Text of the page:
Still Standing

It amazed him how long, after a tree died, was even completely rotted through like this one appeared to be, it could continue to stand. Why didn’t it just topple over? Didn’t it know it was dead?

Slumped on the steps of the Methodist Church of O‘ahu, he knew he had to get over to the tuxedo rental place before 5:30 if he wanted his deposit back. But he didn’t have the energy to stand up, let alone drive down to Kaka‘ako to return the damn thing.

He stared across Lualuna Street at the towering dead tree that stood high above the jagged-topped stonewall surrounding Lualuna Academy. One of the oldest private schools in Hawai‘i, some of its trees had to be quite old as well. Maybe 150 years or more. From where he sat, all the other Lualuna trees he could see looked vibrantly alive and well cared for.

His head felt heavy and his shoulders sagged, his whole body seeming to be fighting both gravity and anatomy to puddle on the concrete steps.

Even the pastor had given up hope.

How, he wondered, could a school as wealthy as Lualuna allow a dead tree like that to stand? Why didn’t they just cut it down? It was an eyesore. Maybe even a safety hazard. So grotesque did the tree appear that it drew all of his attention. This looming, gigantic, dead tree needed to come down, right now, and he would be the one to do the job.

Now he felt the energy surge through his body. He looked at the ring he held in his left hand, put it in his pocket, and stood up. With determined steps he headed for his car, popped the trunk, and took out the jack and the tire iron.

Returning to Lualuna Street, he crossed over without checking traffic. A huge black Chevy pick-up truck screeched to a halt. A muscular Chinese-Hawaiian man stuck his head out the window and cursed at him, but he couldn’t hear the words that meant nothing to him anyway as he stomped across to the other side.

He tried one steel-grated gate and then another. The school seemed locked up tight. But he was determined to get this done. At least one thing today had to happen, and happen right, since nothing else had gone right at all.

After tossing the jack and tire iron over the stone wall, he jumped up and grabbed the top.            The Night-Blooming Cereus that cascaded down all along the walled school cut into him with its needle-like spikes. Numb to almost everything after the day he’d been through, he boosted himself up on top of the wall, bleeding but not beaten. The jagged stones atop the wall, along with the Cereus, made for a nearly impenetrable barricade. He thought of what a great metaphor this wall represented when you knew that the school had been built to educate the Hawai‘i elite, those outsiders who would illegally wrest the Hawaiian kingdom from the established monarchy in 1898.

He jumped the eight feet to the ground with ease, then examined the status of his white tuxedo. It was filthy now, stained and torn. Even if he did manage, he wondered, to make it back to the tuxedo rental place on time, would they give him his deposit back? More likely they’d charge his card for a replacement. Geez, he thought, because of that store, whole generations would now learn to spell the word incorrectly as “wearhouse” rather than warehouse. How thoughtless of them to do that. Yeah. Thoughtlessness. The theme of the day.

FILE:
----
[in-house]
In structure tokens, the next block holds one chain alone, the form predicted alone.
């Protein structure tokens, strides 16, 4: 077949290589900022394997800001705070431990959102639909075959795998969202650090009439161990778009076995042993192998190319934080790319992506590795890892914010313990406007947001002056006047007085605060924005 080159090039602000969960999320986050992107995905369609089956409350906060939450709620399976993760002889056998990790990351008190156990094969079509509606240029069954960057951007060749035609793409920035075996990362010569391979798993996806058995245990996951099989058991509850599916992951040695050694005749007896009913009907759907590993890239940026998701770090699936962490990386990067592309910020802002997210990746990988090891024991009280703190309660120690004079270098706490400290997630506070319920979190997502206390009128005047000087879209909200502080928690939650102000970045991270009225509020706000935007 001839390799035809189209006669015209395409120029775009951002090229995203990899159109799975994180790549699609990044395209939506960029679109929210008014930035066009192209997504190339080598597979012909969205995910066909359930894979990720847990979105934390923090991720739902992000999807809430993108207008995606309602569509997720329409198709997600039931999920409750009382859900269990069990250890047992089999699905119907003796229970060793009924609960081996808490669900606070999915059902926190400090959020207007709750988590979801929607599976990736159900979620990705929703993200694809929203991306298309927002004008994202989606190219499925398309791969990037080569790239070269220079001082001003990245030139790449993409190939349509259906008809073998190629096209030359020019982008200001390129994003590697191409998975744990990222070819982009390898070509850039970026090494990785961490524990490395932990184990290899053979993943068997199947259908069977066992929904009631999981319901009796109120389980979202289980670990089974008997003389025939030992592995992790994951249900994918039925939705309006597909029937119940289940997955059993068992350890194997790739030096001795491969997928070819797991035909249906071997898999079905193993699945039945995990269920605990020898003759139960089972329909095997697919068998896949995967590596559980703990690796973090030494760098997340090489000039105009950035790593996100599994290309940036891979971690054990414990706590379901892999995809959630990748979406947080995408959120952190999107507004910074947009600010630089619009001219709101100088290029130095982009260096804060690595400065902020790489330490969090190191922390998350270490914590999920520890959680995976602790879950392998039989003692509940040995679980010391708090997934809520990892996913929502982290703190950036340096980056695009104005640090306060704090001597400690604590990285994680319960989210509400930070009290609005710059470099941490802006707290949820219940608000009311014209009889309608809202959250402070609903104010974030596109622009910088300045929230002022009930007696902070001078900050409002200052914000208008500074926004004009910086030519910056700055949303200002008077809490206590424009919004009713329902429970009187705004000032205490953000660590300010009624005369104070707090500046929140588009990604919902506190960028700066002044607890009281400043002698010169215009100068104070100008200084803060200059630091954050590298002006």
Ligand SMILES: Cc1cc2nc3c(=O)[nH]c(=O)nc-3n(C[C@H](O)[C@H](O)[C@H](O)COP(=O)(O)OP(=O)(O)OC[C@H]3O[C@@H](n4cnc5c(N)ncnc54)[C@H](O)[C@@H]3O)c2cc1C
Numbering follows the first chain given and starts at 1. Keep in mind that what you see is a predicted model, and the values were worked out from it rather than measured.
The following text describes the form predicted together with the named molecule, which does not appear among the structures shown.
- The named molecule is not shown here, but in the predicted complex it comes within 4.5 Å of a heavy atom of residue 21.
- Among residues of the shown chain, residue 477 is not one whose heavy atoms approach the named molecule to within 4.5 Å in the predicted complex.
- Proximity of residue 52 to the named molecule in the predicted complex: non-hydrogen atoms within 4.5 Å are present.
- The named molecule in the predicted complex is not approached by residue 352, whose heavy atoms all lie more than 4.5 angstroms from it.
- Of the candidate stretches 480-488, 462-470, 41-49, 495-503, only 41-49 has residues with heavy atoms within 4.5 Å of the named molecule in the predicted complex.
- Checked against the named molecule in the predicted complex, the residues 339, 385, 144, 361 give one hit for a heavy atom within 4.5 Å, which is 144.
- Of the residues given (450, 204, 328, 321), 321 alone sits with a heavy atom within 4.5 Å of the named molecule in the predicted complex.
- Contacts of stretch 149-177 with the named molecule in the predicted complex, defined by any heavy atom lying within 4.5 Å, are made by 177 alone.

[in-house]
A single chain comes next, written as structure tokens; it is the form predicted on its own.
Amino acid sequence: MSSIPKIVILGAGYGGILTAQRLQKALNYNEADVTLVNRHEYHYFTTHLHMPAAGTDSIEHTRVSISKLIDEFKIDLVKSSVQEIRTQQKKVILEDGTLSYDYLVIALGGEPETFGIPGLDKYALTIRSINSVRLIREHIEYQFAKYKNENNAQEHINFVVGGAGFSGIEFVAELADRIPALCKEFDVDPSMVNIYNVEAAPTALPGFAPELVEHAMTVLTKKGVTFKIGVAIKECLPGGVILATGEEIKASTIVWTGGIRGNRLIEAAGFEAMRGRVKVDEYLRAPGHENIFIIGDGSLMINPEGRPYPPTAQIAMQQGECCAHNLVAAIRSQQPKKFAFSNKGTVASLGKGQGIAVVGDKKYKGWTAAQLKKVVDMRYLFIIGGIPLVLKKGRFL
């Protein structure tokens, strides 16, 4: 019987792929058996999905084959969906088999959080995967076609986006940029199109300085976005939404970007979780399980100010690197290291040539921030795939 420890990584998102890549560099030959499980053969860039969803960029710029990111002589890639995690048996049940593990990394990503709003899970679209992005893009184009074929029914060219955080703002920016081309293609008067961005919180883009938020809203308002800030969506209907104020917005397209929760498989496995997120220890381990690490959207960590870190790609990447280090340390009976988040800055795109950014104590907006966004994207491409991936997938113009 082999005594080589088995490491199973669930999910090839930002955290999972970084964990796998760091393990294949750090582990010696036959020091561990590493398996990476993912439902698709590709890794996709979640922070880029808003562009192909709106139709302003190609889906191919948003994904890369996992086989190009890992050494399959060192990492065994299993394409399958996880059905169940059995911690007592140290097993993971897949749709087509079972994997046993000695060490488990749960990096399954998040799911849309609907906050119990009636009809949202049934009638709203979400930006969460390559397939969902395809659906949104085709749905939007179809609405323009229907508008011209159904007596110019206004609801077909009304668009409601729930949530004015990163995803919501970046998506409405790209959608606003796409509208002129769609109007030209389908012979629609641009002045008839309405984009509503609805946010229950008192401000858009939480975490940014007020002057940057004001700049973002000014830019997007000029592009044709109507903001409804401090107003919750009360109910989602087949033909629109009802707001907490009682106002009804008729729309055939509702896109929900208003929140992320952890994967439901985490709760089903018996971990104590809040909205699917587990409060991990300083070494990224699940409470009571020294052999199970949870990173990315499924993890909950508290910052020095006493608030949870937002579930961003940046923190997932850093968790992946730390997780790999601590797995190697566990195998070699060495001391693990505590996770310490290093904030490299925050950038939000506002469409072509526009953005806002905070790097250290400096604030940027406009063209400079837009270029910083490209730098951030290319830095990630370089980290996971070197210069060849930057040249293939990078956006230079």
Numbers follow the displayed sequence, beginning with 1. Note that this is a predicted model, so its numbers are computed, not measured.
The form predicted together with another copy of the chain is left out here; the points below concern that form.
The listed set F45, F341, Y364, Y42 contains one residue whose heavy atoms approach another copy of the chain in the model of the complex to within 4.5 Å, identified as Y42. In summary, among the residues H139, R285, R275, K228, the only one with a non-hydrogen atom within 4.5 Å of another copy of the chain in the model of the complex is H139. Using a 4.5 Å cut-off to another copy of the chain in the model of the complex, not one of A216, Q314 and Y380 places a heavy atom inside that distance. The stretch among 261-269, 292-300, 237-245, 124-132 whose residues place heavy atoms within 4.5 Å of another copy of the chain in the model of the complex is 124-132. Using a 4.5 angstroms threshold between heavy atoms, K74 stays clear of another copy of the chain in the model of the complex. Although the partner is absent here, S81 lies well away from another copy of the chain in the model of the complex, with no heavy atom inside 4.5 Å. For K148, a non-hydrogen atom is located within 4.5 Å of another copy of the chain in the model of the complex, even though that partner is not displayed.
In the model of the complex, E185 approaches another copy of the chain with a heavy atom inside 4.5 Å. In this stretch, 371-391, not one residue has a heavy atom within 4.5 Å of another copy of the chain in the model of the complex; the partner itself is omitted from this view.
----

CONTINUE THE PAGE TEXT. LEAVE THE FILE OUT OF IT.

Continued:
Picking up the jack and tire iron, he walked to the base of the tree feeling a lot like Paul Bunyan. He had to laugh, thinking about how he had no Babe now. Forget about it. If he could dig out enough of the trunk to get the jack under it, then he could jack up that side and hopefully topple the dead tree. He gauged the distance it would fall, and at what point he should begin to gouge at the wood in order for the tree to land between the two white stucco buildings on either side of it.

Ah, he thought, to better guarantee the tree falling the right way, he would gouge out the opposite side so that the tree would be inclined to fall in that direction when he jacked up this side. He went around to the other side, ready to gouge away, but he stopped when he saw a small plaque. It read, “This tree was planted to honor the unsung Union soldiers from Hawai‘i who died in the war between the States.”

He abandoned his plan immediately. Although the school might stand for elitism in the eyes of most, there was no doubt that it must have its good points, too. This was one of them, obviously, and just as obviously there was a reason for this dead tree to be left alone. How thoughtful of them to do this. But really, shouldn’t they plant another tree? To replace this one. That would be the right thing to do.

Trudging back to the wall, he took a deep breath and heaved jack and tire iron back over the top. He made his way up and over, then, looking both ways, loped across Lualuna Street. As he walked slowly toward the parking lot, he heard someone call his name.

Turning toward the voice, he saw it was Angela, his bride-to-be, dressed beautifully for their wedding. He dropped the jack and tire iron, then waved. She’d come after all. He stood there dumbfounded. He wanted to call out to her, ask her what had happened to make her so late, but words failed him.

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